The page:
President Obama has invoked executive privilege over previously undisclosed documents pertaining to the Justice Department’s “Fast & Furious” program, which allowed a cache of weapons to make their way across the Mexican border. The idea behind the program was as follows: ATF agents would give Mexican drug cartels access to weaponry, which, in turn, would allow them to track the gun runners. However, things got a little dicey when one of the weapons was used in the fatal shooting of a US border patrol officer.
Congress has demanded that Attorney General Eric Holder turn over a series of documents which explore how the Justice Department responded to the ensuing scandal. Holder refused to do so, which, some speculated, would result in the Attorney General being held in contempt of Congress. According to Holder, the department has already given officials more than enough access to documents which answer important questions surrounding the incident.
On the same day that the Oversight Committee was to vote on whether or not to place Holder in contempt, Obama invoked the executive privilege, which will effectively prevent the documents from falling into the hands of Congress. The decision follows Rep. Darrell Issa’s refusal yesterday to accept some of the documents regarding the DOJ’s handling of the scandal.
“The President has asserted executive privilege over the relevant post-February 4, 2011, documents,” Deputy Attorney General James Cole wrote in the letter to Issa this morning. “We regret that we have arrived at this point, after the many steps we have taken to address the Committee’s concerns and to accommodate the Committee’s legitimate oversight interests regarding Operation Fast and Furious.”
According to the Wall Street Journal, the documents in question would reveal whether or not officials were aware of the tactics used in the Fast & Furious program in 2009 and 2010, which are known as “gun-walking”. Republican lawmakers also believe these documents will prove the Department of Justice misled lawmakers by denying that such tactics were ever used.
Executive privilege, according to Wikipedia, is the “power claimed by the President of the United States and other members of the executive branch to resist certain subpoenas and other interventions by the legislative and judicial branches of government. ”
If you’re curious to read the full letter from James Cole to Darrell Issa, you can check out the document by paying a quick visit to Think Progress. Or better yet, take a look at the text embedded below.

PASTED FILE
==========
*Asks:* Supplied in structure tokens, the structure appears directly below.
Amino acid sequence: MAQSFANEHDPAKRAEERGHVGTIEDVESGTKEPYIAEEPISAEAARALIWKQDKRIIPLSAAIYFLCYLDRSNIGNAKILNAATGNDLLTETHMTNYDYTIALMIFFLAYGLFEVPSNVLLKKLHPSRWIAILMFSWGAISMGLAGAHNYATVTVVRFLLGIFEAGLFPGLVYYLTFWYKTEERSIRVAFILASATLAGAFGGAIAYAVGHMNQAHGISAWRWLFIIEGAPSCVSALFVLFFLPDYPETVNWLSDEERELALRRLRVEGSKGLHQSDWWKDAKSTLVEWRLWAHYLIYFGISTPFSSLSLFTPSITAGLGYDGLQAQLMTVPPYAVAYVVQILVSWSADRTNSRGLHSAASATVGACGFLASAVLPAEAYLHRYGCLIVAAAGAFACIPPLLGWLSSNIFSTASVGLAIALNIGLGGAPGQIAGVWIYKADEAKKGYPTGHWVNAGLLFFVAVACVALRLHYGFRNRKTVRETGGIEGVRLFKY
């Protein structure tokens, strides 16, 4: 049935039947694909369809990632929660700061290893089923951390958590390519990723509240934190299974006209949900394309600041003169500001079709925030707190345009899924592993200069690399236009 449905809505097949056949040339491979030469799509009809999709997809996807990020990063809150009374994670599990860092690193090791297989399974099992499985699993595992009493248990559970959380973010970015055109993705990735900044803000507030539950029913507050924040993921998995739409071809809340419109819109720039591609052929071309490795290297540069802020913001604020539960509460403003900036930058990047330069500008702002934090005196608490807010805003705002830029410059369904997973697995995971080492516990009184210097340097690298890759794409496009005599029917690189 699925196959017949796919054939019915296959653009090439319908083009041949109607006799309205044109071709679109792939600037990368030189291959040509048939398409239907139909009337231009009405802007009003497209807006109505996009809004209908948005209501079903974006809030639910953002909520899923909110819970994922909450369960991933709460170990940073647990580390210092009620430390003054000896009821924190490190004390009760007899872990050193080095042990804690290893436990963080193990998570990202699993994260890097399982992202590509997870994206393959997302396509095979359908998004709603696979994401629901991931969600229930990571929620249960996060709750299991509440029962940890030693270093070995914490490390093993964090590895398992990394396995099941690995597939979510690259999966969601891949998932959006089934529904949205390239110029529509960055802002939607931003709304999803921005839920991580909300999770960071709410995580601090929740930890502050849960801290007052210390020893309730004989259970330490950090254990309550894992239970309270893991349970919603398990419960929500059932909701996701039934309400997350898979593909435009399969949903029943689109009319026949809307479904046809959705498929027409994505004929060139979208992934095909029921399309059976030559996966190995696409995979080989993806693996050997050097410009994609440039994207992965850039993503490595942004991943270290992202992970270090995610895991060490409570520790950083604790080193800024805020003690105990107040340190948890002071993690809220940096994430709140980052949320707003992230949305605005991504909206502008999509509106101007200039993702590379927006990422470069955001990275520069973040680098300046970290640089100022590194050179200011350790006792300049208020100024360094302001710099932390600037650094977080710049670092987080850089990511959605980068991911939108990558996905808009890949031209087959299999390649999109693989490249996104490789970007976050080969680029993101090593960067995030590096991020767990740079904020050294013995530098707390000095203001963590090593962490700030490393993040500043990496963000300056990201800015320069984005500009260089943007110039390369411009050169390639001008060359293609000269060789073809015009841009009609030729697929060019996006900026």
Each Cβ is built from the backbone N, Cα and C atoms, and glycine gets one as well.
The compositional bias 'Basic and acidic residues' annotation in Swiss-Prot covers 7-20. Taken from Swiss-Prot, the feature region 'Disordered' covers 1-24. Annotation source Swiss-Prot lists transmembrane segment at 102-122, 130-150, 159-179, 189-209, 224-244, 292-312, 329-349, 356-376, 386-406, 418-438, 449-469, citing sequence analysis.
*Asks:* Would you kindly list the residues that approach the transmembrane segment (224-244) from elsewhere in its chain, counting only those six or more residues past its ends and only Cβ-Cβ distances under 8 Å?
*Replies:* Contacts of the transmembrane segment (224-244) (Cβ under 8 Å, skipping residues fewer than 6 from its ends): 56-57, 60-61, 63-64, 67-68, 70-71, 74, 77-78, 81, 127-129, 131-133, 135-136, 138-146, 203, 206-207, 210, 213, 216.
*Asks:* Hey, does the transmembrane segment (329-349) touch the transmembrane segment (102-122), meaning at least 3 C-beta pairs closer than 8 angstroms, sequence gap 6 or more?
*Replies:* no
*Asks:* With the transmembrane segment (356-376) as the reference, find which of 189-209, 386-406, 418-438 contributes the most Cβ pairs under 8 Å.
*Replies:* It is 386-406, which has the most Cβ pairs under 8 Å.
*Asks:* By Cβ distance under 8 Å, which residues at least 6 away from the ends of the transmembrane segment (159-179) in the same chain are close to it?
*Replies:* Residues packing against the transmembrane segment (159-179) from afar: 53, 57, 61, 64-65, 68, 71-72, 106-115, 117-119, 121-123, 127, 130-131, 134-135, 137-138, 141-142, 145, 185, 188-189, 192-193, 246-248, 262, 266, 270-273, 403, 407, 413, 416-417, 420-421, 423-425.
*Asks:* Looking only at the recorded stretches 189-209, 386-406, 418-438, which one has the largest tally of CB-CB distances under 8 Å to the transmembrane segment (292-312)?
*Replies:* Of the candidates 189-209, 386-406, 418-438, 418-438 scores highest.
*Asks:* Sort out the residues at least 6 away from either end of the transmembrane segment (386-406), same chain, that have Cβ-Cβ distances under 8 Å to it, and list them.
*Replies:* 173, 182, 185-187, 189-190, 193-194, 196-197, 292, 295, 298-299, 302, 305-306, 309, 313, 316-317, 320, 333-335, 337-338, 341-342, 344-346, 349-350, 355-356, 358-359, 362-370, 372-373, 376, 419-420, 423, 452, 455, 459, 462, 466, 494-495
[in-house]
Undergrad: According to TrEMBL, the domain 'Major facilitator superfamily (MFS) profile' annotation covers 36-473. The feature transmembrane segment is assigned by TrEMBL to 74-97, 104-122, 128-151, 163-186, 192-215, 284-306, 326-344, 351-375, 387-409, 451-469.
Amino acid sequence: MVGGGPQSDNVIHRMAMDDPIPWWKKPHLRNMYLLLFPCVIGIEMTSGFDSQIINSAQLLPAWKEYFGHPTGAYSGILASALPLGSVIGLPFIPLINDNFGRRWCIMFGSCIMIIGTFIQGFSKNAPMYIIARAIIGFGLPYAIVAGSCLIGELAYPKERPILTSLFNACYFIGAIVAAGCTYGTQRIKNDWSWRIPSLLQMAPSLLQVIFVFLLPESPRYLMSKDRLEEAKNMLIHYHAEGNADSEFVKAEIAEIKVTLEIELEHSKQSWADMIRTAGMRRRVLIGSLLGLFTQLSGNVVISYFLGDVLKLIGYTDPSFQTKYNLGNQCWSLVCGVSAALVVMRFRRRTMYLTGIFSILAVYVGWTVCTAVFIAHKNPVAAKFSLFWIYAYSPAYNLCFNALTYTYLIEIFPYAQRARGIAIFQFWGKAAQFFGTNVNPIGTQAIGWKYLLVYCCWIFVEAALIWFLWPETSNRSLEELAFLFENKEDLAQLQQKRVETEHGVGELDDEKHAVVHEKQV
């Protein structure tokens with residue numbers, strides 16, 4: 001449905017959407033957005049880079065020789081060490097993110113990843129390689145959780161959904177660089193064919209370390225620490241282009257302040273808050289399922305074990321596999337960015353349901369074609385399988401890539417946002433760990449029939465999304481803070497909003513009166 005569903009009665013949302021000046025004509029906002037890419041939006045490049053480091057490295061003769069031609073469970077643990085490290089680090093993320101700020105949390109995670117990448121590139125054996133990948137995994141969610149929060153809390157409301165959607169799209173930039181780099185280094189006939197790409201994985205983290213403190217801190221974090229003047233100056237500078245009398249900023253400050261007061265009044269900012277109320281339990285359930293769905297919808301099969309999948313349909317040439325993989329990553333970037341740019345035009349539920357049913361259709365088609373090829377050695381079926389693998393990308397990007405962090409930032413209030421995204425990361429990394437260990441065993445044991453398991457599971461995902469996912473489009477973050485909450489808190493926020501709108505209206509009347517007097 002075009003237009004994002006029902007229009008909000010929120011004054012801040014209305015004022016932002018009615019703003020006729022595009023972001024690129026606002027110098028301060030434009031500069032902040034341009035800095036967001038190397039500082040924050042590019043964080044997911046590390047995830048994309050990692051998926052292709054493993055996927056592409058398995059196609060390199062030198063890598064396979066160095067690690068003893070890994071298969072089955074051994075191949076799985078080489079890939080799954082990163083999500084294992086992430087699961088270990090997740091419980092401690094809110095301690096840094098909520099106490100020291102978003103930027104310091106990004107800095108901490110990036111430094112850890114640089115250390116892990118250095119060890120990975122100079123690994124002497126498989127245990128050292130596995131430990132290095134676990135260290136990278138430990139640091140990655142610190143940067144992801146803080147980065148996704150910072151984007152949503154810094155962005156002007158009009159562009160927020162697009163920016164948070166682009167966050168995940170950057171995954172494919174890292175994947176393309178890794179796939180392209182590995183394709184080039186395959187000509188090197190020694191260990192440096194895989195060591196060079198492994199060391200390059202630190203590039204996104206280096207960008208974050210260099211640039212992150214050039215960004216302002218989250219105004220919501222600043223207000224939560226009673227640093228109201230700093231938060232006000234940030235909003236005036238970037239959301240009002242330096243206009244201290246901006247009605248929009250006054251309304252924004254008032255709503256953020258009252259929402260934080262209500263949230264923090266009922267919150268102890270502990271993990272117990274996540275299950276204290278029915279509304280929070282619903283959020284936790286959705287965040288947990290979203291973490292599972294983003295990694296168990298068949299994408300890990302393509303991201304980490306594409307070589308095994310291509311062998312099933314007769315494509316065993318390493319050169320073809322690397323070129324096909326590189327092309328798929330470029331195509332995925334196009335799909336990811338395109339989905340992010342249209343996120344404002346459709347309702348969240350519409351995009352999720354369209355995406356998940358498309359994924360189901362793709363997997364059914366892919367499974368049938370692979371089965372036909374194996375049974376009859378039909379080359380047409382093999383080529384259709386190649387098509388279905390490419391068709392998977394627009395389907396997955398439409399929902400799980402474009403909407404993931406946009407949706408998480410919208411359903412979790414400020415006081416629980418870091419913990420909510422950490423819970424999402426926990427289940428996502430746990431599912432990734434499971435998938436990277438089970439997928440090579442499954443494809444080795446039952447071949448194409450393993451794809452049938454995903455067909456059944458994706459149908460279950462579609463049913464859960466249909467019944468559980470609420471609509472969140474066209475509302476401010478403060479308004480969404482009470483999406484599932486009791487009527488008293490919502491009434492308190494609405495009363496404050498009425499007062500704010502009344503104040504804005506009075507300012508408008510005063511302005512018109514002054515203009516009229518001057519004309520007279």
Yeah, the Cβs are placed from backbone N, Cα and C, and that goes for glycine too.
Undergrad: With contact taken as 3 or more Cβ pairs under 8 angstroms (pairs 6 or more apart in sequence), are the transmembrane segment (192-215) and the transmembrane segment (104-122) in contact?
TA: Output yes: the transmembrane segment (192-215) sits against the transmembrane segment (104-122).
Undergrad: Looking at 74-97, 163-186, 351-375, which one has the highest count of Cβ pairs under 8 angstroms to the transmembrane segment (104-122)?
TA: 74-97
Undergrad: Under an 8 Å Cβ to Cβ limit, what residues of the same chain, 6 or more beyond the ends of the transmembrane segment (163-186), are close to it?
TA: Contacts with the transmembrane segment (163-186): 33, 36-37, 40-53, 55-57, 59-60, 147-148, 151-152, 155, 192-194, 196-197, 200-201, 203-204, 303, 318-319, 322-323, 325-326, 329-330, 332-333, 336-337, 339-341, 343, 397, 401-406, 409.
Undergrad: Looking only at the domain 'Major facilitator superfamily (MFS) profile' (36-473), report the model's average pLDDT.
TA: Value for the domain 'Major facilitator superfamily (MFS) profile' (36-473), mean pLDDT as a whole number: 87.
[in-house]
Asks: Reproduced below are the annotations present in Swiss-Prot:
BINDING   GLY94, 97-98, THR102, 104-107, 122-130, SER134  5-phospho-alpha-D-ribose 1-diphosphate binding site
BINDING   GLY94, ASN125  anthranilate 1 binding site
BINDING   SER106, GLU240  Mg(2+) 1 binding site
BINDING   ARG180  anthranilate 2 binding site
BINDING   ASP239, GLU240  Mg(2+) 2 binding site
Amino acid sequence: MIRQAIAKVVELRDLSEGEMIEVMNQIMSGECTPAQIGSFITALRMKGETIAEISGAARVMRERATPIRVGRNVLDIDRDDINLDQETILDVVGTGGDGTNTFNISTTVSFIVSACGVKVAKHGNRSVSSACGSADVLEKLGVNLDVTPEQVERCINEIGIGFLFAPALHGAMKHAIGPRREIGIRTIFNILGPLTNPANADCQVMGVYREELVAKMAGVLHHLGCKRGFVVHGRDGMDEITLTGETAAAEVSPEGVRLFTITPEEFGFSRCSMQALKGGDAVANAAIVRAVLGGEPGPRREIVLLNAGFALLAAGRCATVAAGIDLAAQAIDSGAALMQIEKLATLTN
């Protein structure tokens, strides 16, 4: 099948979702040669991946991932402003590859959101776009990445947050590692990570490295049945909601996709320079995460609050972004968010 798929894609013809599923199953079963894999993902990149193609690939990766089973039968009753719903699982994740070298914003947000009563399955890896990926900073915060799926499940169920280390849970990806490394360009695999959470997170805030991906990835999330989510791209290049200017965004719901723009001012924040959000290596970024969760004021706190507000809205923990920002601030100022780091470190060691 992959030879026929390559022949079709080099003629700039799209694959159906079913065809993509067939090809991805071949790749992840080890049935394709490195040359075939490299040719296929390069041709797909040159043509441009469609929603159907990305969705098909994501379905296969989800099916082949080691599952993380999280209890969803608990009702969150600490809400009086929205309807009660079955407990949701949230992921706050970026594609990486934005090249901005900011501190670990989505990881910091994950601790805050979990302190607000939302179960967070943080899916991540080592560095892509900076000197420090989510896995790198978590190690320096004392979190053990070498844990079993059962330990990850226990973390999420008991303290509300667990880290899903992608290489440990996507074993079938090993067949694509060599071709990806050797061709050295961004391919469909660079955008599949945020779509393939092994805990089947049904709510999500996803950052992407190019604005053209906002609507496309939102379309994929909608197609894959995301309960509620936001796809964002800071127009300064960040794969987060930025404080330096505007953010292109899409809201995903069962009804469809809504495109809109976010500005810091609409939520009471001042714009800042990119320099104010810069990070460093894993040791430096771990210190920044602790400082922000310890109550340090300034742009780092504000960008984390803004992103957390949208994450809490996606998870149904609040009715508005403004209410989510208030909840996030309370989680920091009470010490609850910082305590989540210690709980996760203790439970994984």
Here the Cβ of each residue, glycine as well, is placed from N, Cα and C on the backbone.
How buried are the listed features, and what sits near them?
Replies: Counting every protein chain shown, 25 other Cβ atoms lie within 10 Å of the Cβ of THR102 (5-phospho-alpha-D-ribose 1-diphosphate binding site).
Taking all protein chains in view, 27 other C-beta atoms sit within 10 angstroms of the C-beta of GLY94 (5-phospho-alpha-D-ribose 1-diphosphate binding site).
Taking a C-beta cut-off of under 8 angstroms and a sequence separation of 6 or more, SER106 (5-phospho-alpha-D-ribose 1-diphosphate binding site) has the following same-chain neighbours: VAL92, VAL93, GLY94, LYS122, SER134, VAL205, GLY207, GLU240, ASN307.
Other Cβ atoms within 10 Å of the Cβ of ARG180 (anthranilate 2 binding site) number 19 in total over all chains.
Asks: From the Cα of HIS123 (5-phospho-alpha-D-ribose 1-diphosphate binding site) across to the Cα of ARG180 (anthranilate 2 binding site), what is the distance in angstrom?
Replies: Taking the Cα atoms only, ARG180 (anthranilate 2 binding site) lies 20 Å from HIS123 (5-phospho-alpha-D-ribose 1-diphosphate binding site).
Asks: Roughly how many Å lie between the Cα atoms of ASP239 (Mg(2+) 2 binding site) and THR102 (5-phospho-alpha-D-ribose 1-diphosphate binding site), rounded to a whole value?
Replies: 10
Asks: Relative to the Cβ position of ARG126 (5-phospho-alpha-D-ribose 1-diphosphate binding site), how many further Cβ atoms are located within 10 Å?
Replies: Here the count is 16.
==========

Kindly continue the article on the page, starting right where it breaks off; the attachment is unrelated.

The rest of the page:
[h/t: Business Insider]
Dear Mr. Chairman:
After you rejected the Department’s recent offers of additional accommodations, you stated that the Committee intends to proceed with its scheduled meeting to consider a resolution citing the Attorney General for contempt for failing to comply with the Committee’s subpoena of October 11, 2011. I write now to inform you that the President has asserted executive privilege over the relevant post-February 4, 2011, documents.
We regret that we have arrived at this point, after the many steps we have taken to address the Committee’s concerns and to accommodate the Committee’s legitimate oversight interests regarding Operation Fast and Furious. Although we are deeply disappointed that the Committee appears intent on proceeding with a contempt vote, the Department remains willing to work with the Committee to reach a mutually satisfactory resolution of the outstanding issues.
Over the last fourteen months, the Department has provided a significant amount of information to the Committee in an extraordinary effort to accommodate the Committee’s legitimate oversight interests. The Department has provided the Committee with over 7,600 pages of documents and has made numerous high-level officials available for public congressional testimony, transcribed interviews, and briefings. Attorney General Holder has answered congressional questions about Fast and Furious during nine public hearings, including two before the Committee. The Department has devoted substantial resources to responding to these congressional inquiries.
In addition, upon learning of questions about the tactics used in Fast and Furious, the Attorney General promptly asked the Department’s Acting Inspector General to open an investigation into the operation. This investigation continues today. We expect that the Inspector General’s report will further help the Department to understand how these mistakes occurred and to ensure that they do not occur again.